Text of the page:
No union is more profound than marriage, for it embodies the highest ideals of love, fidelity, devotion, sacrifice, and family. In forming a marital union, two people become something greater than once they were. As some of the petitioners in these cases demonstrate, marriage embodies a love that may endure even past death. It would misunderstand these men and women to say they disrespect the idea of marriage. Their plea is that they do respect it, respect it so deeply that they seek to find its fulfillment for themselves. Their hope is not to be condemned to live in loneliness, excluded from one of civilization’s oldest institutions. They ask for equal dignity in the eyes of the law. The Constitution grants them that right.

Not everyone was enveloped in a warm and fuzzy feeling. Seated just along the bench from Justice Kennedy was the brooding presence of the Court’s biggest character, a judge known throughout America and the world for his conservatism, his staunch belief in constitutional originalism, and his mighty judicial wit.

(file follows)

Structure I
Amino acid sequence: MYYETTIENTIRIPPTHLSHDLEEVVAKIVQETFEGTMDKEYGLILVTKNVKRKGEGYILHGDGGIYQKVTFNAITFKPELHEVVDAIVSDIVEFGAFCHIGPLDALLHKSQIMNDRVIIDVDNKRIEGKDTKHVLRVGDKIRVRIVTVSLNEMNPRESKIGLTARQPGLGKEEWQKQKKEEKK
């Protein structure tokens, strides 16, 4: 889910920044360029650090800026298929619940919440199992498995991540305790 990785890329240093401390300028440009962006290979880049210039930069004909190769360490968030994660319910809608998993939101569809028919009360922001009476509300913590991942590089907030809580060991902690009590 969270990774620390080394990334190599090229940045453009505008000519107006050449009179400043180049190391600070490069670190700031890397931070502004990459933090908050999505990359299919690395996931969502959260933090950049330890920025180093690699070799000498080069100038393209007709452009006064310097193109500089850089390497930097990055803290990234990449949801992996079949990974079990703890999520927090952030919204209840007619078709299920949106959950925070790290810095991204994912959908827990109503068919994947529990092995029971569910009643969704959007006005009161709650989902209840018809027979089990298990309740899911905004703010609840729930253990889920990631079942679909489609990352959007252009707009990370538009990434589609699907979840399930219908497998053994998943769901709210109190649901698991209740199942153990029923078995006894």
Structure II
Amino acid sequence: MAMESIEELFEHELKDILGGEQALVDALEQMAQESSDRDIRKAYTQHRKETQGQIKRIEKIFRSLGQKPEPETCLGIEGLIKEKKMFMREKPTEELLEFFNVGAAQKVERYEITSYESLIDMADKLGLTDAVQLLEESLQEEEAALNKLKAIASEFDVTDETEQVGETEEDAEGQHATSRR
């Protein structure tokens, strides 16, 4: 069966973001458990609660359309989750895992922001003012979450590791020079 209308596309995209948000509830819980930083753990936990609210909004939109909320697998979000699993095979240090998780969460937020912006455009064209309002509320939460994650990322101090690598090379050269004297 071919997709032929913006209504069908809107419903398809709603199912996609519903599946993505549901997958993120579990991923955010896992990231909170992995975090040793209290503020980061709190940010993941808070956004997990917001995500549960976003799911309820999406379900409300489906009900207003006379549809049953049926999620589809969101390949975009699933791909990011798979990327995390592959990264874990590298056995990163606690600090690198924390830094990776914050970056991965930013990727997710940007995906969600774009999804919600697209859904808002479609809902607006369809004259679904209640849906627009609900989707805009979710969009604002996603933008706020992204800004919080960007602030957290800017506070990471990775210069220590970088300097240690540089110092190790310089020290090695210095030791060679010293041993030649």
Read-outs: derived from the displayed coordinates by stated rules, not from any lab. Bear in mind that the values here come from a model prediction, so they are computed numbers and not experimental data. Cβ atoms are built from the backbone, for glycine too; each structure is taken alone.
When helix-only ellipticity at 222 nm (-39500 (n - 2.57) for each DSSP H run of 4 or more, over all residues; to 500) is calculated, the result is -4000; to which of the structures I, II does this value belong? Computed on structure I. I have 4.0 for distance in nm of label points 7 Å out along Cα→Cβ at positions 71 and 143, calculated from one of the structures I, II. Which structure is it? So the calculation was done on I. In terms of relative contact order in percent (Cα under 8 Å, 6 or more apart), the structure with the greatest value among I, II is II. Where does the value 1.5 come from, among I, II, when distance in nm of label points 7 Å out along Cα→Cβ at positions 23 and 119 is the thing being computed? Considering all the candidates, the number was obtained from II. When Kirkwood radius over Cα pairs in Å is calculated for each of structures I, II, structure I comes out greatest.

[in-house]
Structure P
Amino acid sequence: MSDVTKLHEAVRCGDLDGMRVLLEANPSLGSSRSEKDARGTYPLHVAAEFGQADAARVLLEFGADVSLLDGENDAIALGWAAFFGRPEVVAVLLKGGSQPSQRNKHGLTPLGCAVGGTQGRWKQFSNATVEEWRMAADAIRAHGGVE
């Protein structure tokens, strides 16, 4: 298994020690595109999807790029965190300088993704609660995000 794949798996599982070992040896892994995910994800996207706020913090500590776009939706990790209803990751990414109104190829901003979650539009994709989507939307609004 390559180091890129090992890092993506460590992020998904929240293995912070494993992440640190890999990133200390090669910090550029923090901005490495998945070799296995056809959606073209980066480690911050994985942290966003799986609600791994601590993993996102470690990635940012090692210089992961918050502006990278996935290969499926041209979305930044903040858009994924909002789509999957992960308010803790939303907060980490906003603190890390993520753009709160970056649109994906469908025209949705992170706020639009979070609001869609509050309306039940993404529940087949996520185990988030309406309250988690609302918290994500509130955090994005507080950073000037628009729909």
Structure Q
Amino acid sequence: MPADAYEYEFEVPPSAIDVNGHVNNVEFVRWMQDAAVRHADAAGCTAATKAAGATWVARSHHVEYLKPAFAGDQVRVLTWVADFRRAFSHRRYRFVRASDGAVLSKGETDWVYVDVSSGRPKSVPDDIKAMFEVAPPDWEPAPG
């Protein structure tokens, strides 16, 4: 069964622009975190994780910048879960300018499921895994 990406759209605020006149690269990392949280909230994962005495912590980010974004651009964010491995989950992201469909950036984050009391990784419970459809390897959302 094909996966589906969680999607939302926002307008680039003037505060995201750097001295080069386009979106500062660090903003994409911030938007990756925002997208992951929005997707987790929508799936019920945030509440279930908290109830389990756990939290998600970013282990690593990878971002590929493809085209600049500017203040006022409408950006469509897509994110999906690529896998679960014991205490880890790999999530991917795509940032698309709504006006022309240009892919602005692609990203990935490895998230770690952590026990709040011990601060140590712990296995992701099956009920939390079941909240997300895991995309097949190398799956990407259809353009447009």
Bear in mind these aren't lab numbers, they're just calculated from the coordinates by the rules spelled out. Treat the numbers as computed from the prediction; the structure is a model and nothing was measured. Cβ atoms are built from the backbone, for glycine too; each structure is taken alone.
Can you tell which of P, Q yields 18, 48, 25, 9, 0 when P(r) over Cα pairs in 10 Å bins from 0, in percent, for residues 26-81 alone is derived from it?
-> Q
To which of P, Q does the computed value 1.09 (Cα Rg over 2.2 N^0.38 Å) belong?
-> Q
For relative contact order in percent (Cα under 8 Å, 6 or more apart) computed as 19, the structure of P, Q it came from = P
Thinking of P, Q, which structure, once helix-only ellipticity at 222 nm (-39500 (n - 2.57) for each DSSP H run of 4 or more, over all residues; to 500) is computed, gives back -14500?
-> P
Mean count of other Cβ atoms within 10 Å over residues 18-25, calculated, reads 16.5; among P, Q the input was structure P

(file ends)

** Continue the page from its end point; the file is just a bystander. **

Justice Scalia’s assessment of the moving thesis advanced by his colleagues was characteristically cutting, likening their prose to “the mystical aphorisms of the fortune cookie.” In the sort of tirade unlikely to be replicated in any dissenting judgment in our own Supreme Court, he attacked the “pretentious” style of the majority opinion, describing its content as “egotistic”, adding:

“One would think Freedom of Intimacy is abridged rather than expanded by marriage. Ask the nearest hippie.”

The same sex marriage case was the metaphorical red rag to the originalist bull, and Scalia pulled no punches in lamenting what he saw as his Court’s invasion into the rightful territory of Congress in a manner that had effectively ended a public debate on same sex marriage that he felt had “displayed American democracy at its best.” The opinion of his colleagues – Justices Kennedy, Ginsburg, Breyer, Sotomayor and Kagan – lacked “even a thin veneer of law”. Scalia issued his dissent “to call attention to this Court’s threat to American democracy.”